TITLE

Bad Company

AUTHOR(S)
Morgan, Hudson
PUB. DATE
August 2003
SOURCE
New Republic;8/18/2003-8/25/2003, Vol. 229 Issue 7/8, p10
SOURCE TYPE
Periodical
DOC. TYPE
Article
ABSTRACT
On July 31, 2003, children emptied into the streets of the Liberian capital, Monrovia, for the first time in weeks as an initial team of West African peacekeepers drove through the city. Four days later, a contingent of 200 Nigerian peacekeepers--the first of 1,500 to be dispatched by Nigeria under the banner of the Economic Community of West African States--arrived to supervise a cease-fire in Liberia's civil war, facilitate the departure of Liberian leader Charles Taylor, and pave the way for a return to democracy. During the Nigerian-led interventions in Liberia in the early 1990s and Sierra Leone in the late 1990s, peacekeepers looted with impunity, trafficked in diamonds, sold arms to rebel militias, and committed wholesale human rights abuses. Despite deploying three U.S. Marine ships off the coast of Liberia, the President George W. Bush administration has refused to allow any officers to take joint leadership of the peacekeeping mission, a move that would make it far less likely that Nigerian officers raised in a ruthless military culture would be able to torture, murder, and steal from civilians. The Bush administration seems to think that, in Liberia, West African troops will act decently and effectively without the United States taking the lead.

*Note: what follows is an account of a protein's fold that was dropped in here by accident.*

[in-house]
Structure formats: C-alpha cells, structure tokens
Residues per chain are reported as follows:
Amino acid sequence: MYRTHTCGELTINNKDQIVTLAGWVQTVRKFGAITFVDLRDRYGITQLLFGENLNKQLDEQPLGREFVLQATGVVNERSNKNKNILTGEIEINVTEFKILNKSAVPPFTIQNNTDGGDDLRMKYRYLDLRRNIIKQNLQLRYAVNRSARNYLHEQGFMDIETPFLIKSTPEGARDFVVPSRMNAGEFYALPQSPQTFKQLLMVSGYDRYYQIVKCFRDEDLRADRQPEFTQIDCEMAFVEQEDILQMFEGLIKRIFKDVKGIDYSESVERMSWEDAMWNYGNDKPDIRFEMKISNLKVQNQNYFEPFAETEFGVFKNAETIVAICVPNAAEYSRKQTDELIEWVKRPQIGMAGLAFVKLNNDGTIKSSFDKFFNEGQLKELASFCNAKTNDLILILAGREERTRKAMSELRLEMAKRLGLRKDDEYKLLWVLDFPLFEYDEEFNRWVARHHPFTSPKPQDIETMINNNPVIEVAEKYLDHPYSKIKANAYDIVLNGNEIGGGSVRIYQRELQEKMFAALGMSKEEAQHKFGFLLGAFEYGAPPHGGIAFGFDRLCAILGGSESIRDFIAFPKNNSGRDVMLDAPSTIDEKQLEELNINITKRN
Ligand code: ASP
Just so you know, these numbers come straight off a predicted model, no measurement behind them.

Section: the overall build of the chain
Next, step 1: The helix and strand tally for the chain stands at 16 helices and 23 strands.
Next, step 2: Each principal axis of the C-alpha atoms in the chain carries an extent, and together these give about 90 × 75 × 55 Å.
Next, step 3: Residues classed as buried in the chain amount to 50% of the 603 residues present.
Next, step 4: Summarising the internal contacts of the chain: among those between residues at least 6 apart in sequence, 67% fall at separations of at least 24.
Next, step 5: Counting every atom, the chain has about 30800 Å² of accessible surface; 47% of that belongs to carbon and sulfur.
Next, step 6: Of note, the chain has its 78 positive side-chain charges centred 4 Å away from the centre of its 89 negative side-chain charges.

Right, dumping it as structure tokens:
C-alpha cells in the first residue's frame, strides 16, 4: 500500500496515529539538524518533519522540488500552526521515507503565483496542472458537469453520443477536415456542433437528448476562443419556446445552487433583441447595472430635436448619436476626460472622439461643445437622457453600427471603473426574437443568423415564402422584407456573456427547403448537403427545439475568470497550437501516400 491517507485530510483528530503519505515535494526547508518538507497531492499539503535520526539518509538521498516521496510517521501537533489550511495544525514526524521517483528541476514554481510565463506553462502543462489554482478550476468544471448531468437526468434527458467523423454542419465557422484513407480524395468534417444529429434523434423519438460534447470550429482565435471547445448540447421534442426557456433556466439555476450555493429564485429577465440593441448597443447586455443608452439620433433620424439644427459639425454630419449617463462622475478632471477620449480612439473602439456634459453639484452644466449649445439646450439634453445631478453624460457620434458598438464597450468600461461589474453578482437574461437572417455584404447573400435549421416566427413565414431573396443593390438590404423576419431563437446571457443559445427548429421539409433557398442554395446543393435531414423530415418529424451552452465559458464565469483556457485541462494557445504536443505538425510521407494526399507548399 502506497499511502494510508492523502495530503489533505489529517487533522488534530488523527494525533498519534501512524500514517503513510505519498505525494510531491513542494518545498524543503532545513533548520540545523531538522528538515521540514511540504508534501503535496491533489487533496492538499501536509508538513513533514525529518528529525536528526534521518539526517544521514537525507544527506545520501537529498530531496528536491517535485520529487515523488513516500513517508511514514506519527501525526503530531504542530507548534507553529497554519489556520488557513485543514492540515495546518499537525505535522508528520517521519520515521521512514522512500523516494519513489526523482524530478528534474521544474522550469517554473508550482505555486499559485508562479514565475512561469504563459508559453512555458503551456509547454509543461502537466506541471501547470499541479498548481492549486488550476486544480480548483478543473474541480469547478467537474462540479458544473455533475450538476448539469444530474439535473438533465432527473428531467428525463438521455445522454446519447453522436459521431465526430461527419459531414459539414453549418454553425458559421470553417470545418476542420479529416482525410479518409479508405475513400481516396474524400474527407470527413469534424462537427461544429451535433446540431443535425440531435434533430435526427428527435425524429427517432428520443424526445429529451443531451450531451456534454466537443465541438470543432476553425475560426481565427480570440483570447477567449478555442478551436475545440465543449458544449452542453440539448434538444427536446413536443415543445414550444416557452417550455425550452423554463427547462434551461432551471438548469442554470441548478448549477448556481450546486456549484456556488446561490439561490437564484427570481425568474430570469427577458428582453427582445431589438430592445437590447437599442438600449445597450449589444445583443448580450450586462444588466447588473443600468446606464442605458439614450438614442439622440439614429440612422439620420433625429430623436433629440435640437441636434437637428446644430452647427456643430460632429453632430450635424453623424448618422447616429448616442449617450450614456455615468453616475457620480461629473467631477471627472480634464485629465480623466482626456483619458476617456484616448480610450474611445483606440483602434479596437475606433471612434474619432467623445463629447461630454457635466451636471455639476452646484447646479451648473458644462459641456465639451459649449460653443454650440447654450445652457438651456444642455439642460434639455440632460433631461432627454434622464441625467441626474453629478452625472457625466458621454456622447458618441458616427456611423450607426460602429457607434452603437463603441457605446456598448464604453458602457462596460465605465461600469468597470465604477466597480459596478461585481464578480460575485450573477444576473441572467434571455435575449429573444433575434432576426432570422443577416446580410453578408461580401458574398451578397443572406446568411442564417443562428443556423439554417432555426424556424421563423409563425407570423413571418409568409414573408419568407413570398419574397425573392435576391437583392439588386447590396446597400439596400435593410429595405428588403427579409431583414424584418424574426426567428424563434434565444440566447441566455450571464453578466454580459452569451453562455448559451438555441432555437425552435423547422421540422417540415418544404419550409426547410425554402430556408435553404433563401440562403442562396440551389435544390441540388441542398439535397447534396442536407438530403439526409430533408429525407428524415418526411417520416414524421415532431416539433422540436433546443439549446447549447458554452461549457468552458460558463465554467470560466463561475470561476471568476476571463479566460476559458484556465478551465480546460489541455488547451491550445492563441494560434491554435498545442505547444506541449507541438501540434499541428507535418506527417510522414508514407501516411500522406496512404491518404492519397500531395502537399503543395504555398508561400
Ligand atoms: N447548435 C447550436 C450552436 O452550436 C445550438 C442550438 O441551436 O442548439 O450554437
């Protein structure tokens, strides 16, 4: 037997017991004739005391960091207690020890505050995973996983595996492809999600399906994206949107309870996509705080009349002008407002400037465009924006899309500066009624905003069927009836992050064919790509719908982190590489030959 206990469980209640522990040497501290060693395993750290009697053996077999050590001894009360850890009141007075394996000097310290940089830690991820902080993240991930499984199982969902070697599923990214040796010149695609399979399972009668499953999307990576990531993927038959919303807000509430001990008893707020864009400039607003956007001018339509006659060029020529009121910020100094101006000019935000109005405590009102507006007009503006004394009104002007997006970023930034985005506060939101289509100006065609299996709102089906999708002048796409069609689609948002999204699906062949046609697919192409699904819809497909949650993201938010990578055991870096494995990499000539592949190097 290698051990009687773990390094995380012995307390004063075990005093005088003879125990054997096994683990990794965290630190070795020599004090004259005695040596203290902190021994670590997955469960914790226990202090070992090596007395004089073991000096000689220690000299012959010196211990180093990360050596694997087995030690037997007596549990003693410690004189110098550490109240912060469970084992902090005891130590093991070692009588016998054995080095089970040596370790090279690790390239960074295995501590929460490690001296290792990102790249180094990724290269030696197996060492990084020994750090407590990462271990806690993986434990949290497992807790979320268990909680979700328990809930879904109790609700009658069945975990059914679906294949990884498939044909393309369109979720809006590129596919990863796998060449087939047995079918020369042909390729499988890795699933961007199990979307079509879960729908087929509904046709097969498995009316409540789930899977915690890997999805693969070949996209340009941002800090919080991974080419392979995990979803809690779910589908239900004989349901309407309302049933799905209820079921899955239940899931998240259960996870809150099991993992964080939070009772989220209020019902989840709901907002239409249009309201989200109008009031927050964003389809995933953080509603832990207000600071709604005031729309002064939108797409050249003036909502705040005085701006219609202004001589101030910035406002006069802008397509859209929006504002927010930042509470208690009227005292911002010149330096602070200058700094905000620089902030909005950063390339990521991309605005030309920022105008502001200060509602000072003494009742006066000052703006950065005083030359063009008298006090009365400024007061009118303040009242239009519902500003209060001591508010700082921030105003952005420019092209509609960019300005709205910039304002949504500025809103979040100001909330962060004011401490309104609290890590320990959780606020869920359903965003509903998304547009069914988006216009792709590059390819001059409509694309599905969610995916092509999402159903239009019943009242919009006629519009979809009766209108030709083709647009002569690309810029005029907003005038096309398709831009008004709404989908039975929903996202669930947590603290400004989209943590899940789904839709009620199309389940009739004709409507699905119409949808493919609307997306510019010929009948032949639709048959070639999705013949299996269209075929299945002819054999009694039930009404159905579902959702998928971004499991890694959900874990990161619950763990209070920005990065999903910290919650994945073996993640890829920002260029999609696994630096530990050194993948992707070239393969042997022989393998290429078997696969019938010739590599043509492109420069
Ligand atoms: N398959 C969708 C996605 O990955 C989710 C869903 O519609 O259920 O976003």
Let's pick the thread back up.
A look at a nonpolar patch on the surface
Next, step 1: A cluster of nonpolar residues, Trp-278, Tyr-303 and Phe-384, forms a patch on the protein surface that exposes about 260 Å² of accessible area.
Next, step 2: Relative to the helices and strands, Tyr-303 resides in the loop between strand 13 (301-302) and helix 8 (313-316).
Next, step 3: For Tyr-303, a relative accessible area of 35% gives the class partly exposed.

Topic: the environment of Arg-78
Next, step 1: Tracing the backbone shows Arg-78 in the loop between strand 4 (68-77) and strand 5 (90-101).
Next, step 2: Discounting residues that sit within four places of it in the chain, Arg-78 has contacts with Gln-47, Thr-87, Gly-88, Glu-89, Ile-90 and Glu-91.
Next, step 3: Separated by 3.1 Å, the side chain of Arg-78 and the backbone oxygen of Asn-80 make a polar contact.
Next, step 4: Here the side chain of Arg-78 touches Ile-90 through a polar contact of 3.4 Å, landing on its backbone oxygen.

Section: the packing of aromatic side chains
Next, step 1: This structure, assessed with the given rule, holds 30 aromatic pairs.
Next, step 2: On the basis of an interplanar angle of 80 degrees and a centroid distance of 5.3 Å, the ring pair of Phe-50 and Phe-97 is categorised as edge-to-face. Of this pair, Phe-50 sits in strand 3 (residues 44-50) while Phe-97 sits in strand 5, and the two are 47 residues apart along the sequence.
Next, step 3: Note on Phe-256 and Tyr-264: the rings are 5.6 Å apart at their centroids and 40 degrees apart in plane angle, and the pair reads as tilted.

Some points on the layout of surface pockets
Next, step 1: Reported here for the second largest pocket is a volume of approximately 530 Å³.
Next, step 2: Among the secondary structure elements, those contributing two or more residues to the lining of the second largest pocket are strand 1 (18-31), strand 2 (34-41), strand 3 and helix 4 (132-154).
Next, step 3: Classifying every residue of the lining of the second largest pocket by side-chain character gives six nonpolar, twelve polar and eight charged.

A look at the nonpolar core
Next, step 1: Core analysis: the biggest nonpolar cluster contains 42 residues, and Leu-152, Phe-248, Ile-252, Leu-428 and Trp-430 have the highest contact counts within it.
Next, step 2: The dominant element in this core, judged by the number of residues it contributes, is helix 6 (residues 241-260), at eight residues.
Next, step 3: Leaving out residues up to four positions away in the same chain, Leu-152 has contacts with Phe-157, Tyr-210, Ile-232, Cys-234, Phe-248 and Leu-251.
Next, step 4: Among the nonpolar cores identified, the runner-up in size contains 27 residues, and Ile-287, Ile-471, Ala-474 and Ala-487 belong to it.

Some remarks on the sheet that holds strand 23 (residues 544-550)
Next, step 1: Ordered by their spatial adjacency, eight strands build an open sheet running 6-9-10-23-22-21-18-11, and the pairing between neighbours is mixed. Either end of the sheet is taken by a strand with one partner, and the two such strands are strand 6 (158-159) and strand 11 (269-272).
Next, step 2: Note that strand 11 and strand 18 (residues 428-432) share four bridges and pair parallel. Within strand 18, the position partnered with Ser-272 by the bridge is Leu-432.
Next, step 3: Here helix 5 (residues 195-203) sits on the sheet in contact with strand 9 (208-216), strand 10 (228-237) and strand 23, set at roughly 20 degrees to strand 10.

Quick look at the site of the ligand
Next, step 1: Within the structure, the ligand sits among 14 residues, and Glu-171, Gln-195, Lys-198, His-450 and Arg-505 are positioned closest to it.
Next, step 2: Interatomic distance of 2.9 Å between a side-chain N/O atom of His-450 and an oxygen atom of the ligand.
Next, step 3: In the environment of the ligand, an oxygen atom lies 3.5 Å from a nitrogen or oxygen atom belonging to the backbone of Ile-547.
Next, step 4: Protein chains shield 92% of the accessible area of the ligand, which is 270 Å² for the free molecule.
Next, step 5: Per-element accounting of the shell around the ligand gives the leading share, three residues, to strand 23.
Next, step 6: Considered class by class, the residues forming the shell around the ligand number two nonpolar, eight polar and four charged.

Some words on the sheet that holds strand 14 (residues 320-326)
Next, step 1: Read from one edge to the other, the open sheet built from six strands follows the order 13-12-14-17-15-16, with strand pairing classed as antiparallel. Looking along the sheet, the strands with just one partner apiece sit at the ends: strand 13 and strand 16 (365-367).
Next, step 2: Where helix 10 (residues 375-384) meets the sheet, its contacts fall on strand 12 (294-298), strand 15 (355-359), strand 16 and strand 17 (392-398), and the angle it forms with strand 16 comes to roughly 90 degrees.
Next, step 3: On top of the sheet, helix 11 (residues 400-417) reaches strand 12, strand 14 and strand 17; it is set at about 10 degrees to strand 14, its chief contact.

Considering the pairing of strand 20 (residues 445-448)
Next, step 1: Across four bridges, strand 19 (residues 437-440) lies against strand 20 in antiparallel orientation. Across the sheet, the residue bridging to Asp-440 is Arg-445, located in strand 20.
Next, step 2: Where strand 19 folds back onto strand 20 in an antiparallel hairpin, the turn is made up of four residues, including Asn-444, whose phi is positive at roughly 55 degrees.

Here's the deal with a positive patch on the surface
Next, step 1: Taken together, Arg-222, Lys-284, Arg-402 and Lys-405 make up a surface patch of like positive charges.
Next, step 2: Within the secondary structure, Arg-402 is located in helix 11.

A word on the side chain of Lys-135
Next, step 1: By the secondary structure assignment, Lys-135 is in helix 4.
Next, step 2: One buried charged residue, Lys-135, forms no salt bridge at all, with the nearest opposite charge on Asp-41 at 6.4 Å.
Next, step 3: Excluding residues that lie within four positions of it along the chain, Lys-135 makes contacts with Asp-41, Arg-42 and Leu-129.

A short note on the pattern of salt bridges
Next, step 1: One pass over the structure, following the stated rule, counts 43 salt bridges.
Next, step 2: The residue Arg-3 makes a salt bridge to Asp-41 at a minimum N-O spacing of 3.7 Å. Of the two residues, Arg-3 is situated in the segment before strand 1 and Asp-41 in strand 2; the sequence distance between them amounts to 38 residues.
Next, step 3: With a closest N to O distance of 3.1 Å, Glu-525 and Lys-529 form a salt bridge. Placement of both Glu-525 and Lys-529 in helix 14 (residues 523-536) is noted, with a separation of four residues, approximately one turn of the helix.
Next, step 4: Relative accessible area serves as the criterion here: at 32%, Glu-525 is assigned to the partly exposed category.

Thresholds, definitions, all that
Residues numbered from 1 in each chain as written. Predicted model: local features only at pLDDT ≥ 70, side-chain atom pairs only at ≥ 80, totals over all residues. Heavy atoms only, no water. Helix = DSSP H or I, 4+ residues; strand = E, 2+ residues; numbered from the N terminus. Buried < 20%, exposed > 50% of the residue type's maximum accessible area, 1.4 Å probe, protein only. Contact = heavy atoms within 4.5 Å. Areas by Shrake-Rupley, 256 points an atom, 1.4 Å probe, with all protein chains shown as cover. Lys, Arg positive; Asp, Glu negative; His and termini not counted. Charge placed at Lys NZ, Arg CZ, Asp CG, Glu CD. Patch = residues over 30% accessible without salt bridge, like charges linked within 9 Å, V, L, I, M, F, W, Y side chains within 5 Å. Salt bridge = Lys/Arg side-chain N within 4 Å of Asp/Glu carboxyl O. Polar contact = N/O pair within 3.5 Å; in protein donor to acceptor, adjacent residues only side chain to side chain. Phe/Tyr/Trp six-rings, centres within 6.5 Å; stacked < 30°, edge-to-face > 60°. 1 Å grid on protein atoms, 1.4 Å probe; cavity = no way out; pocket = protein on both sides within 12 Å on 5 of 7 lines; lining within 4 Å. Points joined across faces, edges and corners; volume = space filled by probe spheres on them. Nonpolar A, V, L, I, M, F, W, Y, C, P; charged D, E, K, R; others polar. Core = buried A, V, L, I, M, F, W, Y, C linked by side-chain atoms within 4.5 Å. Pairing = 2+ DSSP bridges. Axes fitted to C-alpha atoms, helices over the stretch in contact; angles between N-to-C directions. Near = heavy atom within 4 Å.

ACCESSION #
10523663

 

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